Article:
When a child is born with a physical or mental illness, it can be extremely difficult on the child’s family. The child’s parents can be thrust into a life of therapies and doctor appointments that they never expected in order to give their child the best life possible. Many of these medical treatments can be costly and time consuming. Many parents have to sacrifice their own careers to ensure that their child is properly cared for. This combination can wreak havoc on the family’s finances.
Thankfully, in some cases, these families can qualify for federal disability benefits to help cover some of the costs of raising a disabled child. Specifically in Pennsylvania, for example, five percent of financially eligible children with mental impairments, like ADHD, receive disability benefits. However, qualifying for these benefits and filing for disability benefits is not always easy.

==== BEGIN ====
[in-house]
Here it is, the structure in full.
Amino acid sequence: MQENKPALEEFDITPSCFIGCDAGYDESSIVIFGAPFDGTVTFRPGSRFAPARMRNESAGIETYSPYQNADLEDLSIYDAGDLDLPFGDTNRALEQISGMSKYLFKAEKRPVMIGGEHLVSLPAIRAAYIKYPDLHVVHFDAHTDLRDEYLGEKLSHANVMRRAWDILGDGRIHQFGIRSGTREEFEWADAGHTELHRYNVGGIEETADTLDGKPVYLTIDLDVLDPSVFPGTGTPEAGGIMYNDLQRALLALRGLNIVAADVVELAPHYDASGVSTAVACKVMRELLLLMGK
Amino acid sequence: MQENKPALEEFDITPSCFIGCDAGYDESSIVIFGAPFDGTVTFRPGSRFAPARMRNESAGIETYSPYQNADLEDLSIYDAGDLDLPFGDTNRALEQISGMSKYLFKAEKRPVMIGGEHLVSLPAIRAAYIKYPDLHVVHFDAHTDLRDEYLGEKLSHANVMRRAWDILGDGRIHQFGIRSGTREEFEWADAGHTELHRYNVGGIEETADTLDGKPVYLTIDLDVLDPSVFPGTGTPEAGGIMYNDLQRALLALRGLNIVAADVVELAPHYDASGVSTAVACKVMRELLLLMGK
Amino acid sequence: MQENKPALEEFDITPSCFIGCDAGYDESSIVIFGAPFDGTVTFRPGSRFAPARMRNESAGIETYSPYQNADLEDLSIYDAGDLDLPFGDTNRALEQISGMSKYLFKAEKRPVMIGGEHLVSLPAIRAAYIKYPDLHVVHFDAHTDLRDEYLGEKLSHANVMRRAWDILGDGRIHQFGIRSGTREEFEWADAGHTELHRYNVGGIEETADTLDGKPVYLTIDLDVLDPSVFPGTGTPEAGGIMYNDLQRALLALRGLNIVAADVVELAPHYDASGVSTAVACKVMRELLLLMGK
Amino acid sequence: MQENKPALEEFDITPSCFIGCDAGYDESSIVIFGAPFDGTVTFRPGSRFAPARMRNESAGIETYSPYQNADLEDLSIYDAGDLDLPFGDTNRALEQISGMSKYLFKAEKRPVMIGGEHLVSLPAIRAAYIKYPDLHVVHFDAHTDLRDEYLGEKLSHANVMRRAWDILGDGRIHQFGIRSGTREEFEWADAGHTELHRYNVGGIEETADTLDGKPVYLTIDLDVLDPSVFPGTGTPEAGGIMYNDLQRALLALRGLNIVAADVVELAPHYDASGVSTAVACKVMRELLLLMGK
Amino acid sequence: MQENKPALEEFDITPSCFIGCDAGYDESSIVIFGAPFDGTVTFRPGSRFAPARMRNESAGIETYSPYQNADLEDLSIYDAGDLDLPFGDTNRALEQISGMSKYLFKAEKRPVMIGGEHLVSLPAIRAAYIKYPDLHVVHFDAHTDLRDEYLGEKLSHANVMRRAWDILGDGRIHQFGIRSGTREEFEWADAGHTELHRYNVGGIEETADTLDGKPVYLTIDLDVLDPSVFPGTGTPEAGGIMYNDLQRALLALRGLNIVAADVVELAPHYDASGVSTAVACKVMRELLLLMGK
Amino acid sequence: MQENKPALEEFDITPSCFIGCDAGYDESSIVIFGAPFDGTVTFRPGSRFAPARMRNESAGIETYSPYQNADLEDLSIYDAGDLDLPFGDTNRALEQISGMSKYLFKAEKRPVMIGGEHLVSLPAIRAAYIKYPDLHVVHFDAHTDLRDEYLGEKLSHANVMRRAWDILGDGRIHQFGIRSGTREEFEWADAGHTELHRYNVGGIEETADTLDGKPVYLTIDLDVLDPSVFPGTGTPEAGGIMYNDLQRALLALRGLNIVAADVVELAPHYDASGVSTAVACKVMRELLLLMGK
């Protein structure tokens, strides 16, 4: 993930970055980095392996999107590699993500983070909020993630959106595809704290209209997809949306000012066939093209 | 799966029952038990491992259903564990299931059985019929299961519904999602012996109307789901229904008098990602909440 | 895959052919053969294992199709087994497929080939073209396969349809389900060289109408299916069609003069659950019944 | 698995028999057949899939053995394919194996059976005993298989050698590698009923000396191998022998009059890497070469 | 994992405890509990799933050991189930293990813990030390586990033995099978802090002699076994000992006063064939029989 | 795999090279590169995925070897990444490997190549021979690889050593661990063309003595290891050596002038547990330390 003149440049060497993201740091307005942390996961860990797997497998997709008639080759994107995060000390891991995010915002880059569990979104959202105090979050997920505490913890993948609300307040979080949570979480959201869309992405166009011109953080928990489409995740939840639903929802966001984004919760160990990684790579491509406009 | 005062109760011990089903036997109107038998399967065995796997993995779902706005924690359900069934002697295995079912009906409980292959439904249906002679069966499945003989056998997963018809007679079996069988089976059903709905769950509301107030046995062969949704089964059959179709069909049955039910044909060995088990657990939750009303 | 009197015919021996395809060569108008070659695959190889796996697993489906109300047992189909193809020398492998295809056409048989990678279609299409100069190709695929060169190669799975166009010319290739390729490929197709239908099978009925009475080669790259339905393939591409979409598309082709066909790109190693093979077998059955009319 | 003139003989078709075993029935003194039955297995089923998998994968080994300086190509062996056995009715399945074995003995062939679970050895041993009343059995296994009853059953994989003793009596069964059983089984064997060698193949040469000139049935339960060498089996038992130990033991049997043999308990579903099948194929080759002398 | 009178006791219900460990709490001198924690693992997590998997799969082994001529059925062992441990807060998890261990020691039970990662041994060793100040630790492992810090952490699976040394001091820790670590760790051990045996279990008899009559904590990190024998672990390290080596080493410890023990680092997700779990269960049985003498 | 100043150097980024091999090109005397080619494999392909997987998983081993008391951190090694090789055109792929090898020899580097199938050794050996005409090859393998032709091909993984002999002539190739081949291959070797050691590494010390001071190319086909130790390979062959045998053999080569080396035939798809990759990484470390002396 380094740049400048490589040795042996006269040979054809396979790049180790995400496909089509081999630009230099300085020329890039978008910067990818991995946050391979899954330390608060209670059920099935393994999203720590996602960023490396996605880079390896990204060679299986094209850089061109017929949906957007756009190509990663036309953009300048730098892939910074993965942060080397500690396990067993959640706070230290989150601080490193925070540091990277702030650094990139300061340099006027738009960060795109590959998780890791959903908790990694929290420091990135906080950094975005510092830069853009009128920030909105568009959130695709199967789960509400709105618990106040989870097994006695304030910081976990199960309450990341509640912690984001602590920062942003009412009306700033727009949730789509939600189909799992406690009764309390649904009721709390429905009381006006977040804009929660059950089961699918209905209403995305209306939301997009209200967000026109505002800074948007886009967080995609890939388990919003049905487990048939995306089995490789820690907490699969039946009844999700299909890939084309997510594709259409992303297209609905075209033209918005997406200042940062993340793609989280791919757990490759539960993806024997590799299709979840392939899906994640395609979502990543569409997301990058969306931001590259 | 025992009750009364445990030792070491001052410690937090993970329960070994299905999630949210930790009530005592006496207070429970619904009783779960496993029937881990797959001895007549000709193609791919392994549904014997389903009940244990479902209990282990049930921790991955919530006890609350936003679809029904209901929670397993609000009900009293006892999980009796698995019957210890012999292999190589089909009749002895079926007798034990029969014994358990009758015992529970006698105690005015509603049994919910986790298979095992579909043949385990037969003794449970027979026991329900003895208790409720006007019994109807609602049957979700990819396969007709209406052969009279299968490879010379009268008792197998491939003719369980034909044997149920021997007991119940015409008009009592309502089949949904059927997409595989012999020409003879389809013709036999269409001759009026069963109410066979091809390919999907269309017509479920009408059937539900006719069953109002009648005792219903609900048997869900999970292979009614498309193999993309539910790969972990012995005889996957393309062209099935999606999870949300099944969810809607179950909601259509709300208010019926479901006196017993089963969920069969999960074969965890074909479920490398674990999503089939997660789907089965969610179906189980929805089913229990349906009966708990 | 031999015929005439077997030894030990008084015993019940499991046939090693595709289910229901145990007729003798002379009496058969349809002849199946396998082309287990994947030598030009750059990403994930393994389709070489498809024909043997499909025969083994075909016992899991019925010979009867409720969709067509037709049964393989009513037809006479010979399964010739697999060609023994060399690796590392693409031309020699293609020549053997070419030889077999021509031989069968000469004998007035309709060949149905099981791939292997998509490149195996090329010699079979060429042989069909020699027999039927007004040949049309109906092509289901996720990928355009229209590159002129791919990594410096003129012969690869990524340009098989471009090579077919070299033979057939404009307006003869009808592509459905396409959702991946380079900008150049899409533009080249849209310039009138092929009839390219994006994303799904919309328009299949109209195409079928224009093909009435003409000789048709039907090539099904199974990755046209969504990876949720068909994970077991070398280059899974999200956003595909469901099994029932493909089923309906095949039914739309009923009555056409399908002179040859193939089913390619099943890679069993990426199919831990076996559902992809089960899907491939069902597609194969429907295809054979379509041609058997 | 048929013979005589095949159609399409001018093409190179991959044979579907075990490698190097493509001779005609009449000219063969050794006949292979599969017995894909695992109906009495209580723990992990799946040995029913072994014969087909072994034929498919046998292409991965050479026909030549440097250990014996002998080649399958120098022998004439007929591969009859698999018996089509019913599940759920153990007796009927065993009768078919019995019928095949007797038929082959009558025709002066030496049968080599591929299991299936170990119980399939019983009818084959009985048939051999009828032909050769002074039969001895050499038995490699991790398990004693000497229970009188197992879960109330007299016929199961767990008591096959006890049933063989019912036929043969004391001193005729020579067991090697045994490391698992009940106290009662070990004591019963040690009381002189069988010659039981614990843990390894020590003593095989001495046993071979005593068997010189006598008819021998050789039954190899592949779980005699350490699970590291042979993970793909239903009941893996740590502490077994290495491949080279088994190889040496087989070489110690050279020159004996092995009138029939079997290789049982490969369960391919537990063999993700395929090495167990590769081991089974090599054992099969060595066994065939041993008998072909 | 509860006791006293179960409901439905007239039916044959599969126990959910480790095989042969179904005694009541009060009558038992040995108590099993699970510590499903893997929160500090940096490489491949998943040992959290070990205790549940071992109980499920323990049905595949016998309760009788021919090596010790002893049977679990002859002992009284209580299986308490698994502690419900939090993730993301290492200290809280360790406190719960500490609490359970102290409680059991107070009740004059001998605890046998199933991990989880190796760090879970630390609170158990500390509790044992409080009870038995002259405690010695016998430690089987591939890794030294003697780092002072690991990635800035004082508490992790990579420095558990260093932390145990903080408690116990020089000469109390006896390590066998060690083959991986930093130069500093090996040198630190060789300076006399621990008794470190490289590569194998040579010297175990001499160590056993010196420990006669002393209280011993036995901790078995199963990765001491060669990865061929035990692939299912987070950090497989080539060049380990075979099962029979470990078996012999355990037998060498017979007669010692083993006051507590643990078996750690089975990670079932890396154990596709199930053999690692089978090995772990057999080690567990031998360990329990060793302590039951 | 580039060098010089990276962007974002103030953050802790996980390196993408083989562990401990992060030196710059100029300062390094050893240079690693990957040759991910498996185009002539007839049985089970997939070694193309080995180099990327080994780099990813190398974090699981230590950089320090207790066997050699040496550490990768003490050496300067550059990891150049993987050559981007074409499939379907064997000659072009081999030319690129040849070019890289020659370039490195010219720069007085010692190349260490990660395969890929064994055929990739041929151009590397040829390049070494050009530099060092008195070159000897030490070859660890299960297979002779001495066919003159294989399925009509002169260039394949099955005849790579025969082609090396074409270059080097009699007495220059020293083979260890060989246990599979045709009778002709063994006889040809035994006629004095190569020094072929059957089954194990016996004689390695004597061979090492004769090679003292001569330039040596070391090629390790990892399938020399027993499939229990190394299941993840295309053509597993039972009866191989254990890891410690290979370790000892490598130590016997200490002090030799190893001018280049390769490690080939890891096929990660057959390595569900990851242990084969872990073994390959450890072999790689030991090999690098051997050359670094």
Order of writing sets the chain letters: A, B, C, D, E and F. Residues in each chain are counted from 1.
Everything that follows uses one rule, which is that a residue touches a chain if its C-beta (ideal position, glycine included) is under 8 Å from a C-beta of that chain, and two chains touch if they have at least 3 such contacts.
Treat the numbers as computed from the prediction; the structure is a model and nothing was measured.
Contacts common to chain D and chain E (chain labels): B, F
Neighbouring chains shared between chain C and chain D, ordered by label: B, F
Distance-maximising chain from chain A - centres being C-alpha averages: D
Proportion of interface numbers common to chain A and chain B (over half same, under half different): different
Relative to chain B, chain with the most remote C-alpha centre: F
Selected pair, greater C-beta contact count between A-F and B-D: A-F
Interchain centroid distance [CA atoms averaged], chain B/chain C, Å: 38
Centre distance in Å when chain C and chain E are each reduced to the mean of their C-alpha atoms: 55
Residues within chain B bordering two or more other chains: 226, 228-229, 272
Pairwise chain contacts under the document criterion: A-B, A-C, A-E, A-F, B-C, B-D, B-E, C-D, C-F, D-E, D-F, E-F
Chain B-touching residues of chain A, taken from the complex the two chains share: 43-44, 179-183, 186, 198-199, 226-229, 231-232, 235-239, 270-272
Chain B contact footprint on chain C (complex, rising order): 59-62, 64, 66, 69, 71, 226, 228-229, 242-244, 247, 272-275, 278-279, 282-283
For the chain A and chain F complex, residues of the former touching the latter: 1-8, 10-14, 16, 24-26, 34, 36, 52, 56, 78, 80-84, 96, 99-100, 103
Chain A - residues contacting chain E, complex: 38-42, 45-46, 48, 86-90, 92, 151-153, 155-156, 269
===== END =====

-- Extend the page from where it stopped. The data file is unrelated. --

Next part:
In fact, according to reports, it’s not always fair either. Recently, a report has found that federal disability benefits for children with mental conditions is not equally distributed among the states. In other words, data shows that the standards for approving applications for disability claims is not the same everywhere. This is particularly true for the Supplemental Security Income program for children whose parents have extremely limited resources.
The report did not examine the specific reasons for the discrepancy. However, officials are calling for more research to try and determine why applications in some states are approved at higher rates than others.
Dealing with a mental condition in a child can be a frustrating and exhausting process. Parents in Pennsylvania need to understand that they have legal rights that help to ensure that they are given these benefits. With the right help, people can exercise these rights and get the financial help their children need.
Source: The Boston Globe, “Report calls for research on how SSI funds are granted,” Patricia Wen, Sept. 9, 2015